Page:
What is Apple CarKey and how will it revolutionise driving? - MrLiambi's blog


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Monday 6 June 2022

What is Apple CarKey and how will it revolutionise driving?

Apple announced Apple CarKey as part of iOS 13 and 14, with expansion to the system coming in iOS 15 too, as announced at WWDC 2021. The system offers support for digital car keys, with the ability to unlock your car using your iPhone or Apple Watch.

But what exactly are digital keys, how will they work and when can you get one?

What is Apple CarKey?

Apple CarKey is a service on Apple devices that supports digital car keys. That will mean that you can use your iPhone or Apple Watch to unlock your car, using NFC or, from iOS 15, ultra-wideband (UWB).

Like Apple Pay, your digital car key will be securely stored in Apple Wallet.

At the original announcement, Apple said that it would be expanding the functionality to support the Apple U1 chip - that's the UWB module in the iPhone and Watch allowing for more detailed spatial awareness - which will mean you don't have to take the key out of your pocket to unlock the car - it will work on proximity. That's arrived with iOS 15 in September 2021.

What's unique about CarKey is that it is Apple taking charge, integrating into Apple Wallet and that's likely to appeal to a lot of car manufacturers and customers alike - with Google offering a comparable system for Android from 2021 too.

How does Apple CarKey work?

In its basic form, Apple CarKey uses NFC to authenticate your device and your car. When the car recognises the phone, it will unlock. You'll have to then drop your phone into the tray to allow it to authenticate again - so that the car knows that device is in the car. You'll then be able to start the car. That was the first version implemented by BMW.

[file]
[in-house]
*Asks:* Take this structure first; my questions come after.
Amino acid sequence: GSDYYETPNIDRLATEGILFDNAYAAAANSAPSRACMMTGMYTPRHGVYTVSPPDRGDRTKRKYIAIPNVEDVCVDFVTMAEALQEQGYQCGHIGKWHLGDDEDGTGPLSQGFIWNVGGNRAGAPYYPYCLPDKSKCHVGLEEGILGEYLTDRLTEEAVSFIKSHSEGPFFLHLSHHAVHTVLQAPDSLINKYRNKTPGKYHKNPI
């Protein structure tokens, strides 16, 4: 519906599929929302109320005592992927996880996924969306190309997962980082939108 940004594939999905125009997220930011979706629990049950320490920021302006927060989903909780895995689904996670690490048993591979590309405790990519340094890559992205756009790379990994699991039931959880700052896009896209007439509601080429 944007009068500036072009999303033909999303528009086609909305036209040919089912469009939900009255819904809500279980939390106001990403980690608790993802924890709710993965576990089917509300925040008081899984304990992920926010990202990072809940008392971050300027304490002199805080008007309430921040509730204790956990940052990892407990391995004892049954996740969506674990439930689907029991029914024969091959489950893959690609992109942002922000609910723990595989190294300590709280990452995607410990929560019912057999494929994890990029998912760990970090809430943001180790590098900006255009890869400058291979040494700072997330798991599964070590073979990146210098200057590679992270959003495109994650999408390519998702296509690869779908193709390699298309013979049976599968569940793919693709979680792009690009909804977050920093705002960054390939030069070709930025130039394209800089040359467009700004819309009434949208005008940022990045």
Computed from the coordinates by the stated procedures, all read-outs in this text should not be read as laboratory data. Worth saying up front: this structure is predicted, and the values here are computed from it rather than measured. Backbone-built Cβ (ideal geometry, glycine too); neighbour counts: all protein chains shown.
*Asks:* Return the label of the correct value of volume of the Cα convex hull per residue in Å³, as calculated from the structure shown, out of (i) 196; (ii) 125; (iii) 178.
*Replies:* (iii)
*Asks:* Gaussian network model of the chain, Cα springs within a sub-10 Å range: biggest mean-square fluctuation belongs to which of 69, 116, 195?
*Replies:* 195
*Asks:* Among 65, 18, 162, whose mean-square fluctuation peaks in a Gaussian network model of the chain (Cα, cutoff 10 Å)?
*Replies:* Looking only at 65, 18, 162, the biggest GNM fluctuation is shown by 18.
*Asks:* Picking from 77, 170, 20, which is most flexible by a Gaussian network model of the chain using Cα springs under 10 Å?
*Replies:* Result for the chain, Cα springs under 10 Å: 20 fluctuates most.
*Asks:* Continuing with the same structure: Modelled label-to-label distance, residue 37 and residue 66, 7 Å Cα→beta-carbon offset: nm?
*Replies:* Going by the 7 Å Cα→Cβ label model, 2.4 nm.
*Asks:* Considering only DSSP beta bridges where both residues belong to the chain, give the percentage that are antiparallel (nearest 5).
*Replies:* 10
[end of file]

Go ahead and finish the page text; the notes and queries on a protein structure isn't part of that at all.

For Apple CarKey with UWB, you can leave your iPhone in your pocket or bag for the whole process. You'll be able to unlock and start the car, because UWB provides precise location information, so the car will know where the phone is, and can verify that it's within the vehicle.

What else will you be able to do with Apple CarKey?

Without the need for a physical key - just a means for secure digital authentication - there's flexibility in services that can be offered. You can share your key with someone, for example, so if you want to lend someone your car you can grant them access by sending them a digital key.

You can also set limitations or restrictions on that digital key - including things like limiting top speeds, the volume of the stereo or the horse power that's available. BMW, one of the main supporters of the service, says you can have up to five additional users so you can cover the whole family.

Apple says that you'll be able to share keys through iMessage and of course, if you lose your device, you can cancel your key through iCloud so your car is still secure.

Which cars will support Apple CarKey?

At the time of the announcement, the 2021 BMW 5 Series was announced as the first car to support Apple CarKey. This isn't the first time that BMW and Apple have worked together - BMW was first to support the iPod, as well as the first to offer wireless CarPlay too.